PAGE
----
CFO Atwater, Dept. of Management Service at odds about paying for 'Taj Majal' courthouse artwork

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In the latest twist in the saga of the 1st District Court of Appeal, the Florida Department of Management Services and Chief Financial Officer Jeff Atwater are sparring legally about whether the state should pay for historical photographs at the opulent new courthouse, reports Jim Saunders of the News Service of Florida.

DMS on Thursday filed a petition asking for a state administrative law judge to determine whether Atwater and the Department of Financial Services should pay $357,000 in invoices for the photographs. Atwater has refused to pay the bills, which prompted an art company that did the work to sue both state agencies in Leon County circuit court.

The Department of Financial Services this month asked to put the circuit-court case on hold so that Atwater could hold a hearing about whether the bills should be paid. That “fact finding” hearing, scheduled to be held Tuesday and Wednesday, spurred DMS — which oversaw construction of the courthouse and submitted the invoices — to file Thursday’s petition with the Division of Administrative Hearings.

The Department of Financial Services contends in court documents that the Florida Constitution gives Atwater the authority to hold such a hearing and then issue a written order. But DMS disagrees, saying state law requires such matters to go before an administrative law judge — and that Atwater has already declined to pay the bills.

“These factual disputes involve the CFO himself, and the parties affected by his actions need to have these issues resolved in accordance with … Florida Statutes, not before the advocate or someone employed by him,” the petition says.

Atwater signed a notice this week that said his designee, Donald Dowdell, would conduct the hearings Tuesday and Wednesday. Atwater wrote that the “public interest requires me, under my constitutional authority … to settle claims against the state, and in doing so to make an independent determination of the justice or legality of the claim” dealing with the photographs.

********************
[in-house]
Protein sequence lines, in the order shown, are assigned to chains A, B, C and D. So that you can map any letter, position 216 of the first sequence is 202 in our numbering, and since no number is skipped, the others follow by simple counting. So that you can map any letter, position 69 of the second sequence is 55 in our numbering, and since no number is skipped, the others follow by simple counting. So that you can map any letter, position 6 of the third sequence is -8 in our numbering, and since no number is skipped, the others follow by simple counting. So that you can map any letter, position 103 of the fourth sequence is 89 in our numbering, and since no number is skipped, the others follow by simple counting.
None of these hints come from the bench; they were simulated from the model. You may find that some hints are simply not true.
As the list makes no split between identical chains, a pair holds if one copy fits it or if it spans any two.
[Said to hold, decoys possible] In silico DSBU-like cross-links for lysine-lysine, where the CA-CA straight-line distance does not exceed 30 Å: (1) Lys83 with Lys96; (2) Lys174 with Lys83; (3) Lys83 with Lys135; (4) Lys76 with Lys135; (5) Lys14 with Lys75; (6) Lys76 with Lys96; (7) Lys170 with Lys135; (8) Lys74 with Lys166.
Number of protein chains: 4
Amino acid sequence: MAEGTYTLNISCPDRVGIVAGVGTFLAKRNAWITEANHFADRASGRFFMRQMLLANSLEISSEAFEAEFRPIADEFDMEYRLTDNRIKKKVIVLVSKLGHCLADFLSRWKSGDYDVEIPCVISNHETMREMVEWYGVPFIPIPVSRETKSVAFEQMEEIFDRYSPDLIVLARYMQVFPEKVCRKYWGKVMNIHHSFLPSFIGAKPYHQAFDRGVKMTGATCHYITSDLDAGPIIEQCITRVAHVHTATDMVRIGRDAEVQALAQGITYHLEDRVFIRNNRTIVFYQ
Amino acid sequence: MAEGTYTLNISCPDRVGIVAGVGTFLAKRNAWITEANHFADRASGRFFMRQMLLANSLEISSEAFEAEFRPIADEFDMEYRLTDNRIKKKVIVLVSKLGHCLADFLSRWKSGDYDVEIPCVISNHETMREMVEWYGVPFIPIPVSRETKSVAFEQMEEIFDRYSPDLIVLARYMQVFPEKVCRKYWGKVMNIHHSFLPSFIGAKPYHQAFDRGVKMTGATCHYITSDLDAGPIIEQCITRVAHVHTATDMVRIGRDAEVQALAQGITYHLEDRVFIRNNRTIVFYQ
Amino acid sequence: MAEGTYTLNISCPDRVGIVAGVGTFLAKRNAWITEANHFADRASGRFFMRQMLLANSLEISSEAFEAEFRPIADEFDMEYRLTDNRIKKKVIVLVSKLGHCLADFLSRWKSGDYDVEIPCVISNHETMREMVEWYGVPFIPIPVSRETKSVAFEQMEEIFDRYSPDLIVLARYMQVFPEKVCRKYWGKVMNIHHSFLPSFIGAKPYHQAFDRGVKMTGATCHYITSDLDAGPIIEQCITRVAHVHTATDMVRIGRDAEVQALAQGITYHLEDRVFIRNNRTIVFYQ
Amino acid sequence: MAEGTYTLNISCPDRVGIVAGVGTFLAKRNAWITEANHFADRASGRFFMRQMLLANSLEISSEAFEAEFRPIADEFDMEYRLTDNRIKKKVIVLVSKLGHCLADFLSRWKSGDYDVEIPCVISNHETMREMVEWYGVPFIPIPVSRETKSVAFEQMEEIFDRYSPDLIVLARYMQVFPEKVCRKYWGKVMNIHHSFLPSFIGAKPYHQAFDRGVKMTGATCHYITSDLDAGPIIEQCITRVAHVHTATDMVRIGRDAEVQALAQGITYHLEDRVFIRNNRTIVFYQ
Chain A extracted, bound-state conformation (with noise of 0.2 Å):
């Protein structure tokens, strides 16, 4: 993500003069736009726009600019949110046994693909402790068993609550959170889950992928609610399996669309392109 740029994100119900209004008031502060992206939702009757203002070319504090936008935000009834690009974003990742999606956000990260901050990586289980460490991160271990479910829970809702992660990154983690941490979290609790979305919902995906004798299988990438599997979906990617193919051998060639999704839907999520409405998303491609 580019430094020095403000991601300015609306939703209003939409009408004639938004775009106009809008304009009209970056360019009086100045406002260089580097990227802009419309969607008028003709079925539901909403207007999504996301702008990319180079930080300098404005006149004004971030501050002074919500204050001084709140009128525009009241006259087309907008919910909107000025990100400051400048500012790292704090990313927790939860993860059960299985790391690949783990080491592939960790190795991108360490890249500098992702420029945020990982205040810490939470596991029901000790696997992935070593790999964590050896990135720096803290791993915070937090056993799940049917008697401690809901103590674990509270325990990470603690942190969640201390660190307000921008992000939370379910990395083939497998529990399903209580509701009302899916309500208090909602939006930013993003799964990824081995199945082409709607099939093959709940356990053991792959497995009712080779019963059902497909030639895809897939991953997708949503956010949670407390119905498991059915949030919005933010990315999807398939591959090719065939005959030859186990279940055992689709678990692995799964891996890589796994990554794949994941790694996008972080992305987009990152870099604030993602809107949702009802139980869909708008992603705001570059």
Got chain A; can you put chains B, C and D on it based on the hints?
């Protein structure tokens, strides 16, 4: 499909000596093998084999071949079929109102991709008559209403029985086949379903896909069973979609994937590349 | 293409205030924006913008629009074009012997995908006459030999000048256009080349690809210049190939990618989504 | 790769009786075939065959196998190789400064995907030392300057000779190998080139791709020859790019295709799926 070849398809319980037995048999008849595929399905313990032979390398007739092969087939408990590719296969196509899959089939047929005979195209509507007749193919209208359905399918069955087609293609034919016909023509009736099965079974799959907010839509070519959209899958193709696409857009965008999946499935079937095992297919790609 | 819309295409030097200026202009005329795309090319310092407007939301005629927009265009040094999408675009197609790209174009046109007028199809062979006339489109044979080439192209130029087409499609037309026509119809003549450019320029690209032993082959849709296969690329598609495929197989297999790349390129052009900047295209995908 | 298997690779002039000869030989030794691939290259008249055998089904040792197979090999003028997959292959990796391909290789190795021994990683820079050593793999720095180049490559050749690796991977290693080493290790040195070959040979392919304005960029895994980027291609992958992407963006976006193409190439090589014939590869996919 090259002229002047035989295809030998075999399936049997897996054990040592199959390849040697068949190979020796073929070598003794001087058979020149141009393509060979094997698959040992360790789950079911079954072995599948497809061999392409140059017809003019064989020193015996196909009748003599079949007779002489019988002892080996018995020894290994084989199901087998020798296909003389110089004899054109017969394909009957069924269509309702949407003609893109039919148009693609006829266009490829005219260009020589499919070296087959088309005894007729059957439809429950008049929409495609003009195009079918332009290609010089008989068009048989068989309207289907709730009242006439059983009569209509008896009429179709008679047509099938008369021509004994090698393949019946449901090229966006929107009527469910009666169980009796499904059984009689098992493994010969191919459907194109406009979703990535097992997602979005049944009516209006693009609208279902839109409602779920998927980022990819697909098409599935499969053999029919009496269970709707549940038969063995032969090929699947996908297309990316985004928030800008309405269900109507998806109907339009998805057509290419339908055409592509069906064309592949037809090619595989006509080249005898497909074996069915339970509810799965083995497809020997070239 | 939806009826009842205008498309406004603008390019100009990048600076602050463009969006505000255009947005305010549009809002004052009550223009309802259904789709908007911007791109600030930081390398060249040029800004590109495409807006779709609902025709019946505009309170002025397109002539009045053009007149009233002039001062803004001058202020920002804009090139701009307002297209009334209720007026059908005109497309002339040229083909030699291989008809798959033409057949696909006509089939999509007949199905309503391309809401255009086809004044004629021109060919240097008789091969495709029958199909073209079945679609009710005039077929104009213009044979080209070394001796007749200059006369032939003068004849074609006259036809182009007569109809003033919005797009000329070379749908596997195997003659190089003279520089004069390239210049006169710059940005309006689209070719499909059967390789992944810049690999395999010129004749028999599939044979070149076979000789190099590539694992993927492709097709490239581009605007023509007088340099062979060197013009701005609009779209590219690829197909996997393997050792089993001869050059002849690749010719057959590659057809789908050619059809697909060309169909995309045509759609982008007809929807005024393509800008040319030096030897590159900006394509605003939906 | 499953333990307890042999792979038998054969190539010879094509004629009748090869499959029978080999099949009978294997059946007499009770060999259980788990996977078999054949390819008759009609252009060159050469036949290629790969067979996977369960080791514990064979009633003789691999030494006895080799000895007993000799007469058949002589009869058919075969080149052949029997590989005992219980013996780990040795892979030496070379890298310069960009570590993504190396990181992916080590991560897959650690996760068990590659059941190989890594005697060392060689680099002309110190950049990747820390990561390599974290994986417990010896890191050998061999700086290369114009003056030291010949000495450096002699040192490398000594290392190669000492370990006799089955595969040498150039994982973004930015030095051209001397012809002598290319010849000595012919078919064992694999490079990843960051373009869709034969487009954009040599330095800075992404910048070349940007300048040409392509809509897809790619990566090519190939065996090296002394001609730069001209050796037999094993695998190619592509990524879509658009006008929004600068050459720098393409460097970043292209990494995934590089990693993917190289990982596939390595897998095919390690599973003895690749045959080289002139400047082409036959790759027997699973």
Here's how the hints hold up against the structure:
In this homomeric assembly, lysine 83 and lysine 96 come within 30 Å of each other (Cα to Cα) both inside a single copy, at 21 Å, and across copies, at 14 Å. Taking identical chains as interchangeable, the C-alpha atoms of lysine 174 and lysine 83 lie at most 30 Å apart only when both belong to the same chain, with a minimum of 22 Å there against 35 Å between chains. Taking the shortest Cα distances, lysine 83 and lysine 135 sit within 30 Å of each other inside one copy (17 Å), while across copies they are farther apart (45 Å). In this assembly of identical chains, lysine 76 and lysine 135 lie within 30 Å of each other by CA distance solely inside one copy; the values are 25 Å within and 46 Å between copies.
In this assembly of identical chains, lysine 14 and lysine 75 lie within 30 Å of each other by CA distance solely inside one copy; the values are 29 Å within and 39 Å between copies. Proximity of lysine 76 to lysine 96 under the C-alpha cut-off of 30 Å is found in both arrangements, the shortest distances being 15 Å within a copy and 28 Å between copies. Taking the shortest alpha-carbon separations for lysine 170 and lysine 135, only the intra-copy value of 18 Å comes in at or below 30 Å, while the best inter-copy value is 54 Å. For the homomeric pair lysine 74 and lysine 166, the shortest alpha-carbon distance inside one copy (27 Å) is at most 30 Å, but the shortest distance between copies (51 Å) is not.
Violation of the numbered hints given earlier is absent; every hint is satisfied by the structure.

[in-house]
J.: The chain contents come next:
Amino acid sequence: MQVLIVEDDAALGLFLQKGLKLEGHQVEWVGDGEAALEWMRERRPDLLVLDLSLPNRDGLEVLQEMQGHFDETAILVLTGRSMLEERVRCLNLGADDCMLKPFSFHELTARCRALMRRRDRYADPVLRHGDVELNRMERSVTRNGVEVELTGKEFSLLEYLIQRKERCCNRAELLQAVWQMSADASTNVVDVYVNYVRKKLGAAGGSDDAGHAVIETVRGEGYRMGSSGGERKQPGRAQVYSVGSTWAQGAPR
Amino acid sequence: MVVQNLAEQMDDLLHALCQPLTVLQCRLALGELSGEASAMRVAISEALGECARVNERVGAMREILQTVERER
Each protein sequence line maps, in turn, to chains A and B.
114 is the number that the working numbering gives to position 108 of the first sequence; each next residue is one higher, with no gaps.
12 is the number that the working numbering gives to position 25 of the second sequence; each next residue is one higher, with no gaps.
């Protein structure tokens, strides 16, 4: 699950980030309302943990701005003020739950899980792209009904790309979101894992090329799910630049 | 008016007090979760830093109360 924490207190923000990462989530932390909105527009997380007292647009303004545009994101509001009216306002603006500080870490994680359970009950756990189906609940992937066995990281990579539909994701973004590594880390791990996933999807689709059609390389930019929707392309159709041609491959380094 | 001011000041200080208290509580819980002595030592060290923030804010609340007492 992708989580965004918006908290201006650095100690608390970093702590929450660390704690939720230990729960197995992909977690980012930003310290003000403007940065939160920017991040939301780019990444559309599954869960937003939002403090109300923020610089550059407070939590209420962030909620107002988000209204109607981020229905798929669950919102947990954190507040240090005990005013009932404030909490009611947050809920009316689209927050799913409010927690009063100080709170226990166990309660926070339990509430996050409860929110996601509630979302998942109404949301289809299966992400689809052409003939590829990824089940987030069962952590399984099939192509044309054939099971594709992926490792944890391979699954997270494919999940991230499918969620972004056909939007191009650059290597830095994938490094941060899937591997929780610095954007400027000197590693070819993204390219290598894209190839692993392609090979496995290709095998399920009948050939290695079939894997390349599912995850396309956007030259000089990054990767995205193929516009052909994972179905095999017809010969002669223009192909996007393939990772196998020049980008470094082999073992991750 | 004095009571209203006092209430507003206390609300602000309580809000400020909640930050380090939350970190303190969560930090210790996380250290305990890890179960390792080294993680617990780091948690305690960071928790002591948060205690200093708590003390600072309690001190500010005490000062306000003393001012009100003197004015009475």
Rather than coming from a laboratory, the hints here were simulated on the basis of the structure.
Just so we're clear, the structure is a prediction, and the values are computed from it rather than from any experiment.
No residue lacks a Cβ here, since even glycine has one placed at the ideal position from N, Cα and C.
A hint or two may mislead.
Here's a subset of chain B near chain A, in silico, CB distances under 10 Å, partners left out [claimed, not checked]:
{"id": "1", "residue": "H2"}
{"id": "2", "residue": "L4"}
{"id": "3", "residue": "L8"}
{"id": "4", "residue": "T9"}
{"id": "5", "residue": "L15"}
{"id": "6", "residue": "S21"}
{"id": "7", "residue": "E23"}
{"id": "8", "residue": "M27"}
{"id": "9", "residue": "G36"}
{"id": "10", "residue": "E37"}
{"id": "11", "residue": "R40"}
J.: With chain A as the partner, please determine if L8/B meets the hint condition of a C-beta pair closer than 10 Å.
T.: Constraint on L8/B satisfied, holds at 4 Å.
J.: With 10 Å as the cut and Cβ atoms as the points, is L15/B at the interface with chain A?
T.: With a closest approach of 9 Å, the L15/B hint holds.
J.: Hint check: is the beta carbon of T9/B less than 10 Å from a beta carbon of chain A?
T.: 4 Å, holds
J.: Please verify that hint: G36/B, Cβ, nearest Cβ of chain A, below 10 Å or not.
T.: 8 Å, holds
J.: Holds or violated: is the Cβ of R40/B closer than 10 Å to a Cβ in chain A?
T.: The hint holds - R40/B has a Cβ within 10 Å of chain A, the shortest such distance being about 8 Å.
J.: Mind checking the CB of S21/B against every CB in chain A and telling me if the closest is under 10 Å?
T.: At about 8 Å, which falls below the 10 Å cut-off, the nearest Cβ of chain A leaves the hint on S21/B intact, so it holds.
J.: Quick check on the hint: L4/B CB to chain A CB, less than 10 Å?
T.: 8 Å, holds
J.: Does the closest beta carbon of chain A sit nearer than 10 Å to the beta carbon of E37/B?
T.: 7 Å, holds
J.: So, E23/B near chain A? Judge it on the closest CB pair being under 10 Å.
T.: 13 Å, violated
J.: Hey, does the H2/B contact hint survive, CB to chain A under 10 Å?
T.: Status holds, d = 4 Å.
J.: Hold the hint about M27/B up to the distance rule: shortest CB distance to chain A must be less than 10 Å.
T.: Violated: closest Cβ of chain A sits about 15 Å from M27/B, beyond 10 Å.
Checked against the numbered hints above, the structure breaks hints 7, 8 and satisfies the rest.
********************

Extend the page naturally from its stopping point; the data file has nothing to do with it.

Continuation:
The legal wrangling between state agencies is the latest development in the controversy about the Tallahassee courthouse, which was completed in 2010 and has been dubbed the “Taj Mahal” because of its extravagant design and décor. The project and a subsequent investigation by the Judicial Qualifications Commission ultimately led to the resignation of former Chief Judge Paul Hawkes.

Signature Art Gallery Inc. received a contract to reproduce historical photographs and install them throughout the courthouse. But it filed the circuit-court lawsuit last year against the state agencies and general contractor Peter R. Brown Construction, Inc., after Atwater’s office refused to pay for the work

The Department of Financial Services said, at least in part, that it could not agree to pay for “decorative” items.

The department has already lost one round in the Division of Administrative Hearings, as Judge June McKinney found last month that it had improperly relied on a rule to deny payment for the photographic work. Peter R. Brown Construction filed that case and has introduced McKinney’s ruling into the circuit-court lawsuit.

In a document filed in the lawsuit, Signature Art Gallery argued Atwater should not be able to hold a hearing on whether to pay the bills, describing the move as a “delay tactic.”

“Any suggestion that the CFO should now conduct a due process hearing to make another final determination in this matter makes a mockery out of the entire notion of due process,” Signature’s attorneys wrote. “Further delay is unwarranted and will merely exacerbate the already substantial damage to Signature Gallery.”

Peter Schorsch is the President of Extensive Enterprises and is the publisher of some of Florida’s most influential new media websites, including,,, and Sunburn, the morning read of what’s hot in Florida politics. SaintPetersBlog has for three years running been ranked by the Washington Post as the best state-based blog in Florida. In addition to his publishing efforts, Peter is a political consultant to several of the state’s largest governmental affairs and public relations firms. Peter lives in St. Petersburg with his wife, Michelle, and their daughter, Ella.